FTX founder Sam Bankman-Fried denied speculation on Twitter that he had flown to South America after the cryptocurrency exchange filed for bankruptcy.
When asked if he had flown to Argentina, as had been rumored on social media, the former CEO told Reuters via text message that he was in the Bahamas, where the company is headquartered.
Bankman-Fried, 30, was CEO until Friday.
He also denied that he “secretly” transferred $10 billion in client funds from FTX to his trading company, Alameda Research, and denied that he implemented a “backdoor” in FTX’s accounting system.
“We had confusing internal labeling and misread it,” he said of the $10 billion transfer.
At least that’s what Reuters reported, citing two people familiar with the matter $1 billion in client funds were gonewith records revealing the financial hole.
When asked about the missing funds, Bankman-Fried replied: “???”
In a statement, FTX said that John J. Ray III was named CEO in his place.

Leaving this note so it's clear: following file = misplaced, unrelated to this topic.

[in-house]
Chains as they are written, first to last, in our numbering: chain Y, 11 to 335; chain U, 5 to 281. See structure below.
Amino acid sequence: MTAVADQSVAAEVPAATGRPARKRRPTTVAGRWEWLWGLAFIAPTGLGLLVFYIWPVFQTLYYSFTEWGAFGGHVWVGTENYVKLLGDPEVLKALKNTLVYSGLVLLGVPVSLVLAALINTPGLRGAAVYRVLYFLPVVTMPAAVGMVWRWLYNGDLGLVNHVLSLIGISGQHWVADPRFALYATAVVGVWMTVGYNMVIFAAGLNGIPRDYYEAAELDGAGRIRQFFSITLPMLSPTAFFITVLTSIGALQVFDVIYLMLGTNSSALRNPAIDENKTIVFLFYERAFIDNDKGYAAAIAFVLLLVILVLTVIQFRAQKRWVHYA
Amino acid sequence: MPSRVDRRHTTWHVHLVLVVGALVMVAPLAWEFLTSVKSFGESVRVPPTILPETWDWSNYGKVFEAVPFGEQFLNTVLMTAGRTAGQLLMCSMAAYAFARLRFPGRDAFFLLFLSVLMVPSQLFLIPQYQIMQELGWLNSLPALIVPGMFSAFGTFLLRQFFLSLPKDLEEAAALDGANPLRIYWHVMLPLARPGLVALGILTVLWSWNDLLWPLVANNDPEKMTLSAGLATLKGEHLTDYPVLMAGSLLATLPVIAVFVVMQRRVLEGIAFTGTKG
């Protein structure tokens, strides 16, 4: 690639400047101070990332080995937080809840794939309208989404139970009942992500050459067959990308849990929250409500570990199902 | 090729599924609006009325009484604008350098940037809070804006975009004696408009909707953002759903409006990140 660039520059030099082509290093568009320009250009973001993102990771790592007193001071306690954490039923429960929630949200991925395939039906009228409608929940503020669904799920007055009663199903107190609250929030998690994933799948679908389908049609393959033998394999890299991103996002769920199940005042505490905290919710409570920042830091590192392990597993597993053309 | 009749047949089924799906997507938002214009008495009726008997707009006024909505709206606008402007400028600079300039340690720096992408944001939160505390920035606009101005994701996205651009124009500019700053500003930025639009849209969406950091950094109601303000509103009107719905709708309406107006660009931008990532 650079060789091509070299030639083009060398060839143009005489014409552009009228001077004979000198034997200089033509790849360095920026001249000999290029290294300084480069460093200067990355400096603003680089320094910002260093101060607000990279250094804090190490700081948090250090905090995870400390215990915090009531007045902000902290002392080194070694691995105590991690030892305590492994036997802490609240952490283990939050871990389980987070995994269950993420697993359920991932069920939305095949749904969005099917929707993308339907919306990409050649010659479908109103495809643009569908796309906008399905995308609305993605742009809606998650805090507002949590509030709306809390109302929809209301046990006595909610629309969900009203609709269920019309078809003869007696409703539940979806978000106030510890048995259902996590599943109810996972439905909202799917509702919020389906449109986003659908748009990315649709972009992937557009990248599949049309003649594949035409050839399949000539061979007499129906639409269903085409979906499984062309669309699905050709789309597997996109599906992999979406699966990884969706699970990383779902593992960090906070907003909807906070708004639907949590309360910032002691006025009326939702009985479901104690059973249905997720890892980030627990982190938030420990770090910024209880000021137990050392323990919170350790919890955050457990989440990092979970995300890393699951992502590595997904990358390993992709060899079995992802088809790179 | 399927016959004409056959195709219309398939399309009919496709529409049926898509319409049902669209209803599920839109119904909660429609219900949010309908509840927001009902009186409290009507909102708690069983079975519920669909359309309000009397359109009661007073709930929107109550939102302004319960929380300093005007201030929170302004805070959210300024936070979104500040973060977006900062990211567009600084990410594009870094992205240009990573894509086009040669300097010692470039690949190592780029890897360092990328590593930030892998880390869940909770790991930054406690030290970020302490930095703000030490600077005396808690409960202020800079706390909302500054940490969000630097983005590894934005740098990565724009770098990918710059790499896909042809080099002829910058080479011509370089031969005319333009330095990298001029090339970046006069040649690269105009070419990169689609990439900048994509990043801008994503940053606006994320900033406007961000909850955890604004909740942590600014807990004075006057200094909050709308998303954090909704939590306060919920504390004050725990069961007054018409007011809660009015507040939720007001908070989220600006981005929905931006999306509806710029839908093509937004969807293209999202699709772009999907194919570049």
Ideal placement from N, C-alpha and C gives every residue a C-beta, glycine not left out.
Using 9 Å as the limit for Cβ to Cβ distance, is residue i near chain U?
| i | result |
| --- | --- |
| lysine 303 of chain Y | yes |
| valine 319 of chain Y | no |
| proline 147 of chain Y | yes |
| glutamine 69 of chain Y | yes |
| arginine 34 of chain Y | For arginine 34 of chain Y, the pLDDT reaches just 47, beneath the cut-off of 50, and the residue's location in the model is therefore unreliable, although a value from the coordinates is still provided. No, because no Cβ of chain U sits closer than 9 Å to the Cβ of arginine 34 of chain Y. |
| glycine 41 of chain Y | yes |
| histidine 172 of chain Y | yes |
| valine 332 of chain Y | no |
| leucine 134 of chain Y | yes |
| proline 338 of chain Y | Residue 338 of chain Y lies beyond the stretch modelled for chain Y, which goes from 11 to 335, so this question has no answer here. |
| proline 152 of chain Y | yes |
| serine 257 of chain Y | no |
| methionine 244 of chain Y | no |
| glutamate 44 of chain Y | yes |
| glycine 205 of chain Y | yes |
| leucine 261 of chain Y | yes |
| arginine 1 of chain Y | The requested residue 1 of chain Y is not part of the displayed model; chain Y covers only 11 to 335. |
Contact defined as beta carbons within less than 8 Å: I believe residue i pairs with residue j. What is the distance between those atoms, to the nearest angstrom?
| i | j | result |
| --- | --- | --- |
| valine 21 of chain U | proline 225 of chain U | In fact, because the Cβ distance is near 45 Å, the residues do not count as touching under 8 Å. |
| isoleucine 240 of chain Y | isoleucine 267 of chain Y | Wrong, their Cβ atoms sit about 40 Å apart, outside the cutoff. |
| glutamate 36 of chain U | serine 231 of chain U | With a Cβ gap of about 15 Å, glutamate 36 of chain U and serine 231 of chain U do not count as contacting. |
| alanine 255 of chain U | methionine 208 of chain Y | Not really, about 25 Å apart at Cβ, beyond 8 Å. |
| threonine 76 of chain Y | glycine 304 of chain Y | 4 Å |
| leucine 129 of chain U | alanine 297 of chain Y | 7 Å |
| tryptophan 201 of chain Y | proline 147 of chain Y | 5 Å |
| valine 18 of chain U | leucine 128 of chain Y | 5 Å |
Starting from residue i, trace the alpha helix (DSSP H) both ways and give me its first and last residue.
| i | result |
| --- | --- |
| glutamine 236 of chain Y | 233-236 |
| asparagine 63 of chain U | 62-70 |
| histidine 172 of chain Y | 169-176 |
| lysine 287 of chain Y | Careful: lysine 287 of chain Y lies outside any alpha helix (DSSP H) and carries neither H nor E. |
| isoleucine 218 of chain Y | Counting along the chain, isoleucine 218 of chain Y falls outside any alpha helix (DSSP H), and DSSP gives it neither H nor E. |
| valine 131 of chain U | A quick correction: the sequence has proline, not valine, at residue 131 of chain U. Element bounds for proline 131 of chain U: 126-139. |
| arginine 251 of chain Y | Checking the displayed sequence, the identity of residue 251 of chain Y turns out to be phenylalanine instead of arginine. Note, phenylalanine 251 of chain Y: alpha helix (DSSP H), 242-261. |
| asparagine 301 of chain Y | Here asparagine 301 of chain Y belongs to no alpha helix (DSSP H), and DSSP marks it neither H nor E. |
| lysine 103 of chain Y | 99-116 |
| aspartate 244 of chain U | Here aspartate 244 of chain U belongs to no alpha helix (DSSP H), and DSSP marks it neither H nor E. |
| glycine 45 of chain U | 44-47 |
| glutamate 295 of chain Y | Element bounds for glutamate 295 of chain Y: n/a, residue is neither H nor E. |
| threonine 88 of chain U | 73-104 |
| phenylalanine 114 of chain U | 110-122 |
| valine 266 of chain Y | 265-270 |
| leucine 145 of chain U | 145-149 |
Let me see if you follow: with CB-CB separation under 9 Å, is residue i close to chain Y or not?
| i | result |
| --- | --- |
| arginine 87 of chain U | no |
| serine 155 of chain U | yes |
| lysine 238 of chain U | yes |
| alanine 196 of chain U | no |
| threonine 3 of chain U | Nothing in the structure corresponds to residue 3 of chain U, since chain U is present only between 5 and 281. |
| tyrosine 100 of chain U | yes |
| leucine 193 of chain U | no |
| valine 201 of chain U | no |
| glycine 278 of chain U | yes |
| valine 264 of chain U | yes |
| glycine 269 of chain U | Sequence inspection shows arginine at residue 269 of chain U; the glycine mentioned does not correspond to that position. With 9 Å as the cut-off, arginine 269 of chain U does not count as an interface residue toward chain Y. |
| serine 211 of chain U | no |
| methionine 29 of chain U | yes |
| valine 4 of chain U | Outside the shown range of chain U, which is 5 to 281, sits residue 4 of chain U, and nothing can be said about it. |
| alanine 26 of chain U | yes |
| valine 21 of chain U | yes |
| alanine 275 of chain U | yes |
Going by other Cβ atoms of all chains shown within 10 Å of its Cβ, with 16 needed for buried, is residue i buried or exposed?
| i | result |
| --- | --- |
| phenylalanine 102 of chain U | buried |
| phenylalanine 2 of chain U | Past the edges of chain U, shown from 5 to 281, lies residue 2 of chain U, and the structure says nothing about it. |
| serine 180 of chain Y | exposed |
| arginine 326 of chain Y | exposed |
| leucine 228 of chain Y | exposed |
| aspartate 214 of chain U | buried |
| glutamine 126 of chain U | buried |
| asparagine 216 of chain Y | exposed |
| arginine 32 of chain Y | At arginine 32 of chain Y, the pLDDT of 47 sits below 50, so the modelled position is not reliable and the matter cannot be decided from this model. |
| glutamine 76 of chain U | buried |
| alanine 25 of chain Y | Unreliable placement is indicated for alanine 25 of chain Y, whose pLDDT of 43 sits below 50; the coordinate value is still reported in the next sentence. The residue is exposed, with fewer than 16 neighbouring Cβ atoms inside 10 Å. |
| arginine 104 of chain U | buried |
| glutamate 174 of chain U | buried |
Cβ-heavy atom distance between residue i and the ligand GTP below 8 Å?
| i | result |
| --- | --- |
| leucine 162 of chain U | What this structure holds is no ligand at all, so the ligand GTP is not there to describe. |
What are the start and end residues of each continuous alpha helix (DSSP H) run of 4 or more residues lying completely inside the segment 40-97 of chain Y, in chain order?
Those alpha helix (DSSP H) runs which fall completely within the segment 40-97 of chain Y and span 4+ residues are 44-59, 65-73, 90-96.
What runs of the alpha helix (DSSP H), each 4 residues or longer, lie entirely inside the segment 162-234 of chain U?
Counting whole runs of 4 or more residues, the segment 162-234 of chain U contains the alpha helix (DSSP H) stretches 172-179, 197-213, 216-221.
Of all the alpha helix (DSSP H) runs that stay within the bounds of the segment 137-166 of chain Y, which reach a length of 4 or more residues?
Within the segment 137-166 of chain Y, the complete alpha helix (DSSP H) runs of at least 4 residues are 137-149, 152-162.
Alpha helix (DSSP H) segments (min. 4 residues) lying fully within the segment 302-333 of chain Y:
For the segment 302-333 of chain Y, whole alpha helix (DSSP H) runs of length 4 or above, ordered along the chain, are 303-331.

Also on Saturday, FTX said it was moving funds to offline storage after reporting “unauthorized transactions.”
Analysts said assets worth millions of dollars had been pulled from the platform.
“Following the filing of Chapter 11 bankruptcy – FTX US and FTX [dot] com has initiated precautionary steps to move all digital assets into cold storage. The process was expedited tonight – to mitigate the damage of monitoring unauthorized transactions,” FTX US General Counsel Ryan Miller tweeted.
Cold storage refers to crypto wallets that are not connected to the internet to protect themselves from hackers.
Miller previously wrote that FTX was “investigating anomalies with wallet movements related to the consolidation of FTX balances between exchanges,” though he noted that the facts were unclear “like other movements [were] it’s not clear.”
All of this comes on the heels of Bahamas-based FTX – ex the third largest crypto exchange in the world – filed for Chapter 11 bankruptcy protection.
A rescue deal with rival exchange Binance, which briefly agreed to step in, failed.
Binance cited red flags that came up during the due diligence process.
“I screwed up and should have done better,” Bankman-Fried wrote in a lengthy thread Thursday.
As of 2019 FTX had more than 1 million users.
Fox Business Digital’s requests for comment from Bankman-Fried and FTX were not immediately returned.
FOX Business’ Megan Haney and Reuters contributed to this report.